They care for you and then, later on, if you are lucky enough to have a Mother Who Grows Old, you return the favour. This is how it is beginning for me.

My mother finally took her doctor’s advice and got a shiny new metal hip. This after years of “I’m fine!” but the thin mouth and grey face underscored a different reality. Thank you Government Health Care, thanks brusque and skilled Dr. Werle. Thank you amazing sister in law for coming that first week.

So yes, she’s done it. In addition to the super hip she also received a cane to use for free. Not a Dick Van Dyke “Step in Time” kind of cane…THIS cane has four big prongs…the Hugo adjustable quad cane. It looks like it should have an IV bag or ten hanging off it. Definitely not the fiddle-dee-dee cane of a cape wearing theatre goer. This cane is completely humourless. I know she doesn’t like it either; still she gives me the stink eye whenever I mention that, perhaps, she might consider getting a lighter lady-cane.

Our government also covers post hip replacement physiotherapy, and I take my mom to each appointment.  85 and fierce, she resents any fuss and dislikes being told what to do. Of course, physiotherapy is all about telling you what to do. At the end of the third session, the therapist hands me a questionnaire and a pen and asks my mom and I to fill it out. It’s been a tough hour of bending and stretching. My mom is lying on a massage table, a cold pack on her new hip. It’s past dinner time. We’re both hangry, and I can see she is not liking that I have the pen and the power.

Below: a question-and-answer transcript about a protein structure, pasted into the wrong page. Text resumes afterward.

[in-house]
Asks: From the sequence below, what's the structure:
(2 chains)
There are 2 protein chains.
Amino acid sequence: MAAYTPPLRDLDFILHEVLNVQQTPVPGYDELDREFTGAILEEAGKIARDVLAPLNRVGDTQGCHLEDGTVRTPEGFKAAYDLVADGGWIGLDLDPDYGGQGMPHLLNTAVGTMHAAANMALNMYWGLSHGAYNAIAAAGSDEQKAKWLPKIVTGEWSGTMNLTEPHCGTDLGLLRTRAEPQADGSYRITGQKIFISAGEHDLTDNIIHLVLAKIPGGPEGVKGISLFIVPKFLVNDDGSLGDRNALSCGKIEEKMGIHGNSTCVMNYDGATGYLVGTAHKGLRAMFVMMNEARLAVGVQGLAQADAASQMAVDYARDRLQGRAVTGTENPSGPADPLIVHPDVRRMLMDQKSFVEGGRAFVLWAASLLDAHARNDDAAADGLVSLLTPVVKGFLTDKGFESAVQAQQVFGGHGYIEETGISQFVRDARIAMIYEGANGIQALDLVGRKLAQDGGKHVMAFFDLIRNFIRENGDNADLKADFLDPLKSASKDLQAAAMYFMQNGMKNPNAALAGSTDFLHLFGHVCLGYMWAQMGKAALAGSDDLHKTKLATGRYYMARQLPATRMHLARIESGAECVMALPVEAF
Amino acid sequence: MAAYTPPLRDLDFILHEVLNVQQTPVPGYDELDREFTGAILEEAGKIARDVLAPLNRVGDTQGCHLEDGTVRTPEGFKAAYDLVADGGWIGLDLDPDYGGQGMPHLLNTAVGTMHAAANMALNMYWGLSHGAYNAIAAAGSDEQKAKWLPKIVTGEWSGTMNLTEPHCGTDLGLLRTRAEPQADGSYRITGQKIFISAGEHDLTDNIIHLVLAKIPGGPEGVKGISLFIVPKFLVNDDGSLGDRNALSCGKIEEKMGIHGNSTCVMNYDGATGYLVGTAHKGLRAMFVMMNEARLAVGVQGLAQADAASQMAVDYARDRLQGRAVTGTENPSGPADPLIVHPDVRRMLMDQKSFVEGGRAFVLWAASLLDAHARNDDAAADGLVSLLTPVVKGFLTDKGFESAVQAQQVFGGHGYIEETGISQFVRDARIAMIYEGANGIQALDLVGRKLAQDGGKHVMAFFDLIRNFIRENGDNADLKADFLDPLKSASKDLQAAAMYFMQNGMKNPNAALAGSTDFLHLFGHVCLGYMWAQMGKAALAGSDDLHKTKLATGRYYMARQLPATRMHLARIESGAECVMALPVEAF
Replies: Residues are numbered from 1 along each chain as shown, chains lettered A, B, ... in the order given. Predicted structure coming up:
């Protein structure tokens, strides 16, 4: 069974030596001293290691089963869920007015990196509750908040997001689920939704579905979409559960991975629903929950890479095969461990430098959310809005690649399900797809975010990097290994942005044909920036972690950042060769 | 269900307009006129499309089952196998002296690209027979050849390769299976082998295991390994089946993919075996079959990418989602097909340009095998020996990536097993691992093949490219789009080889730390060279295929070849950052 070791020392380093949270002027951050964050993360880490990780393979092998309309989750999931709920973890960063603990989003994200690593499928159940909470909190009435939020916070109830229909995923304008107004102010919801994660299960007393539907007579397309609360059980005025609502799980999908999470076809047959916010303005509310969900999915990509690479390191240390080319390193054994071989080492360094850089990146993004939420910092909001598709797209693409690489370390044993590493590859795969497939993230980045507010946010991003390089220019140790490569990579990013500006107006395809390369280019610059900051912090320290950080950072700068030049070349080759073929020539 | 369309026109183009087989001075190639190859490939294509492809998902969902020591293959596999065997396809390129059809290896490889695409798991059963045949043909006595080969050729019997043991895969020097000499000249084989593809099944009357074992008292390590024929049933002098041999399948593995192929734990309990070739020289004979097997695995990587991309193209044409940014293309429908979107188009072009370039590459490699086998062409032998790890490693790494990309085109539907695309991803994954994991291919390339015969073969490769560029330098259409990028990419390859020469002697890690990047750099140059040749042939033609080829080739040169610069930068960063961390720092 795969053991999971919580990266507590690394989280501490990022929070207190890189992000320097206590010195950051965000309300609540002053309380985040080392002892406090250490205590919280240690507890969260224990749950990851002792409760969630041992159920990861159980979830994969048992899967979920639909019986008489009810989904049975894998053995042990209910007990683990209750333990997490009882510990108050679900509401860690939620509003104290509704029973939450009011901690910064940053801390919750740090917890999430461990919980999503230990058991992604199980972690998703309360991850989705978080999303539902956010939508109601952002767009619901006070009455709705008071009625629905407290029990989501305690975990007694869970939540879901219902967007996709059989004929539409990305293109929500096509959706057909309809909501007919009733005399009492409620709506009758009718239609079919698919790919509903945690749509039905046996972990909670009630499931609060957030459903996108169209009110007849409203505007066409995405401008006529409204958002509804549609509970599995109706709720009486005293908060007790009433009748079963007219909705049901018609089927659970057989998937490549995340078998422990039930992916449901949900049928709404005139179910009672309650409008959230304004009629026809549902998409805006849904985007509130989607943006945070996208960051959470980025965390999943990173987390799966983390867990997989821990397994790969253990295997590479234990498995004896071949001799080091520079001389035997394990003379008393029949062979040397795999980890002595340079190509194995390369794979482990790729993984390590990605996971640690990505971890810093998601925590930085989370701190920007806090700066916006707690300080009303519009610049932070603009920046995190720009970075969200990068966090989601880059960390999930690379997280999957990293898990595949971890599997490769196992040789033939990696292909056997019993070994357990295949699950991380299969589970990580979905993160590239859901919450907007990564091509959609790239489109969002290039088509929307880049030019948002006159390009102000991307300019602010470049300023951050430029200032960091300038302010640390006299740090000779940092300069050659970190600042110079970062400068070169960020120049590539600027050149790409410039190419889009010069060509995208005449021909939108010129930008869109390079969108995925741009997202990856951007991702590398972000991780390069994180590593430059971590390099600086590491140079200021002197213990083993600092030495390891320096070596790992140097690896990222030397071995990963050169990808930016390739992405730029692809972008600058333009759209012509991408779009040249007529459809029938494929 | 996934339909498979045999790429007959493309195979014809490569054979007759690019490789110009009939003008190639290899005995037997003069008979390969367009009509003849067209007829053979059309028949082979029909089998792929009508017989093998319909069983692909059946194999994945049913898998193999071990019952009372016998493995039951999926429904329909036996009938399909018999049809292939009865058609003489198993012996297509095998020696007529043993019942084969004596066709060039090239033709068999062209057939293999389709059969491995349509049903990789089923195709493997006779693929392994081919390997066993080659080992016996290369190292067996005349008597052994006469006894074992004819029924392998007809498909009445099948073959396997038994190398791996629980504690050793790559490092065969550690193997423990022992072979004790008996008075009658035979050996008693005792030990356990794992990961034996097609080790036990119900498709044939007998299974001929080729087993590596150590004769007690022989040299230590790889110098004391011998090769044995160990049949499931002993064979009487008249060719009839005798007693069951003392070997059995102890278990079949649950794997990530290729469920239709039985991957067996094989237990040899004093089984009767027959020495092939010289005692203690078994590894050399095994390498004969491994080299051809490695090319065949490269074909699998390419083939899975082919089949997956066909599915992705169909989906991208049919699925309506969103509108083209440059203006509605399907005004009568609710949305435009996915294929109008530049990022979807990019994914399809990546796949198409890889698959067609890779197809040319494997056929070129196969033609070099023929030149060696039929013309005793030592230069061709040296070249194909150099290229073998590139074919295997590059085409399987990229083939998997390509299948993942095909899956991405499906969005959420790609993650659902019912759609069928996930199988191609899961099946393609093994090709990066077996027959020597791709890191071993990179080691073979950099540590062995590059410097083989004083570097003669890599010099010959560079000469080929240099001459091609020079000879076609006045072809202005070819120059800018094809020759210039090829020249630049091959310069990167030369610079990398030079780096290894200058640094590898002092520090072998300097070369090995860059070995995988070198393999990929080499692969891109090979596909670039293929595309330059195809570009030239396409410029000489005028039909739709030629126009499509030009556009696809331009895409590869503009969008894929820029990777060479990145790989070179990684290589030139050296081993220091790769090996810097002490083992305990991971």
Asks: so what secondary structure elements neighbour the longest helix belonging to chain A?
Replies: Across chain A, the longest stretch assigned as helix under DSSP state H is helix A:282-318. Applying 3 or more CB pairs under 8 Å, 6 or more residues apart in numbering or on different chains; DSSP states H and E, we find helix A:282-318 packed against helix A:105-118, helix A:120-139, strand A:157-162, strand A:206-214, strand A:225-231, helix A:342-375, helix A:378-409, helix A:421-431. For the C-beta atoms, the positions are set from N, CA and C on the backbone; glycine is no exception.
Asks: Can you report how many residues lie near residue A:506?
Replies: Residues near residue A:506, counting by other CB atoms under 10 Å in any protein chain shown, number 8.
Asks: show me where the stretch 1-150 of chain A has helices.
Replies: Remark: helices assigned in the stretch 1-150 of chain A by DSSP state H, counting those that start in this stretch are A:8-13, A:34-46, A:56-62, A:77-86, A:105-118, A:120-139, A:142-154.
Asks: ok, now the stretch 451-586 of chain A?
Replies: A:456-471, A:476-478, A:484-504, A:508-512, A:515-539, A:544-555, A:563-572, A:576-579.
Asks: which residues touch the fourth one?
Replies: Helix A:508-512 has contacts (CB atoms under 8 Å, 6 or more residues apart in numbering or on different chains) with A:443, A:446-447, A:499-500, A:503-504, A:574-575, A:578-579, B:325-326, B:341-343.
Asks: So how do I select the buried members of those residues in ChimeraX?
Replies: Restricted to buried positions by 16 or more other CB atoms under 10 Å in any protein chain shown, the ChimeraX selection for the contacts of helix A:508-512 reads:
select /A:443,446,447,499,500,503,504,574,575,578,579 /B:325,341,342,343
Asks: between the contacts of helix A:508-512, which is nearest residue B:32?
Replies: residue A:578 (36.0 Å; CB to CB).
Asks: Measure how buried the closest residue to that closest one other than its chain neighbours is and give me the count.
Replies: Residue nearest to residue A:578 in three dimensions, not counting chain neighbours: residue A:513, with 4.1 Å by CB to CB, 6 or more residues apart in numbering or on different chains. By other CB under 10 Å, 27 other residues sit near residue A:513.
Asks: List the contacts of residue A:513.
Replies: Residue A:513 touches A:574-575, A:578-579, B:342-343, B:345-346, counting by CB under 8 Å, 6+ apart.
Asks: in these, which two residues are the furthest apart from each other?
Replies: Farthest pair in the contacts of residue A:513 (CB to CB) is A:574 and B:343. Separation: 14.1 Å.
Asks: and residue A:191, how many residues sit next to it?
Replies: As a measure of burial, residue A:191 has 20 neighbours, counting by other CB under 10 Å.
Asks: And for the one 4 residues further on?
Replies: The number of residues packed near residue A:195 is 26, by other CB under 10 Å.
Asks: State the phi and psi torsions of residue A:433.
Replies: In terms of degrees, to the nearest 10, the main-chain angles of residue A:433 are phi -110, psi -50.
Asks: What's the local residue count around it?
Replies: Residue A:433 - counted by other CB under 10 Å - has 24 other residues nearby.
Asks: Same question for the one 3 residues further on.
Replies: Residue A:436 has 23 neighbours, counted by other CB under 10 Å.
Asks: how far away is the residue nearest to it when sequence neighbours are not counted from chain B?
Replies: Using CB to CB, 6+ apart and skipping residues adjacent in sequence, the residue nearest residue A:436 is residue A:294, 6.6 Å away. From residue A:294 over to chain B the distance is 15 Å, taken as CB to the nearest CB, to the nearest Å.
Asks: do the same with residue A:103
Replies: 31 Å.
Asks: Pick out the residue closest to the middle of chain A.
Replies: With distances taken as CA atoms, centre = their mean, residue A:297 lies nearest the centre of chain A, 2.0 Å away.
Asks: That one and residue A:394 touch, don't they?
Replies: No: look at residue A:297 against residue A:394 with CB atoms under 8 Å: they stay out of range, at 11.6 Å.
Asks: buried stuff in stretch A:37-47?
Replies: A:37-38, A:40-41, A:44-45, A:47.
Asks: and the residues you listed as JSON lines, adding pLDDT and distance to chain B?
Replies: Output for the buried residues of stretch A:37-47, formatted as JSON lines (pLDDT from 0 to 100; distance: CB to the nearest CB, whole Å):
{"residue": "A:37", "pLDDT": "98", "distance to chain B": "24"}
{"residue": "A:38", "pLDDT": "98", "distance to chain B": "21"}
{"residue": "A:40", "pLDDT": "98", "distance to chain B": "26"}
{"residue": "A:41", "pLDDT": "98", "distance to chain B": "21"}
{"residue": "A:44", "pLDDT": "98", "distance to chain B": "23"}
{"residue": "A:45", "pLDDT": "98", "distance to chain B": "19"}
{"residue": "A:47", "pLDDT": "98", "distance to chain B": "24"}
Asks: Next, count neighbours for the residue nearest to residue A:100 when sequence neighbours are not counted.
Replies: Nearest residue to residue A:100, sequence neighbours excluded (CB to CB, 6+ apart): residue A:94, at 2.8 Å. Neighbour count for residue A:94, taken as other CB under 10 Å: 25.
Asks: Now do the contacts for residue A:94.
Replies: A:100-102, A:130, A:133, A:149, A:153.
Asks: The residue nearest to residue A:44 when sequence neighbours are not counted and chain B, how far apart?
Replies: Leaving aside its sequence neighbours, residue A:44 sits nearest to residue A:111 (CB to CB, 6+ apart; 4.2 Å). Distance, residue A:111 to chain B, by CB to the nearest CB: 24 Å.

And maybe for good reason…I’m the kind of person who feels filled with purpose when holding a clipboard.  It’s a questionnaire designed to gauge the patient’s level of activity. I read the directions out loud in my newsreader voice: she’s to mark her answers on a scale of one to ten, one being “I cannot do this activity” and ten being “I can easily do this.”. I will be the one actually marking and I feel a bit superior, as I have been nagging her about exercise for years. She knows this and clenches her jaw. I read out the first activity on the list.

“Light housekeeping?” I look at her in the eye. “Oh for goodness sakes, TEN!” my mom barks. A little hip replacement is not going to keep her from light housework.

“Walking a mile?” I look up from the clipboard, pen poised. She purses her lips, mulls it over and finally mouths “zero.”

“Running full speed on even surfaces?’ I am at a loss to remember my mother ever having run full speed, at anytime.

A pause. Then, “zero”.

“Running at full speed on uneven surfaces?” I am starting to get a bit giddy, and make a zero with my hands. She smiles and nods.

“Making sharp turns while running full speed on uneven surfaces?”

I look up and meet her tear filled gaze. There is a pause.

And we both start laughing so hard I think I am going to pee my pants.

Joni Mitchell was right. “laughing and crying, you know it’s the same release.”

True, growing old is not for the faint of heart. There will be tears and hopefully lots of  outrageous, face hurting, bladder bending laughter.  (Note to laughers: in 20 years peeing pants is a distinct possibility).

My mom is a fierce 86 now, still with her sensible cane, still driving the “older ladies” around to cribbage and darts. Still doing light housework and avoiding any uneven surfaces. She’s raised four kids, outlived a troubled marriage and is a vicious Scrabble player. A contradiction: tough love meets hold-you-tight-when-you-cry. Prickly and smooth. Savory-sweet, like ketchup. Umami. My mommy.


Sophie’s Secret: The Figgy Fountain of Youth

My mother swears by these and would always gift friends and family a jar for holidays or birthdays. You will need:

One clean jam sized jar

One package Mission Figs

Dark Rum

And now:

Pack as many Mission figs as you can into the jar. Pour in Dark Rum to the top. Cover. Let sit for about a month (no need to refrigerate).

Take one fig and one teaspoon of the “juice” once a day.

To your health!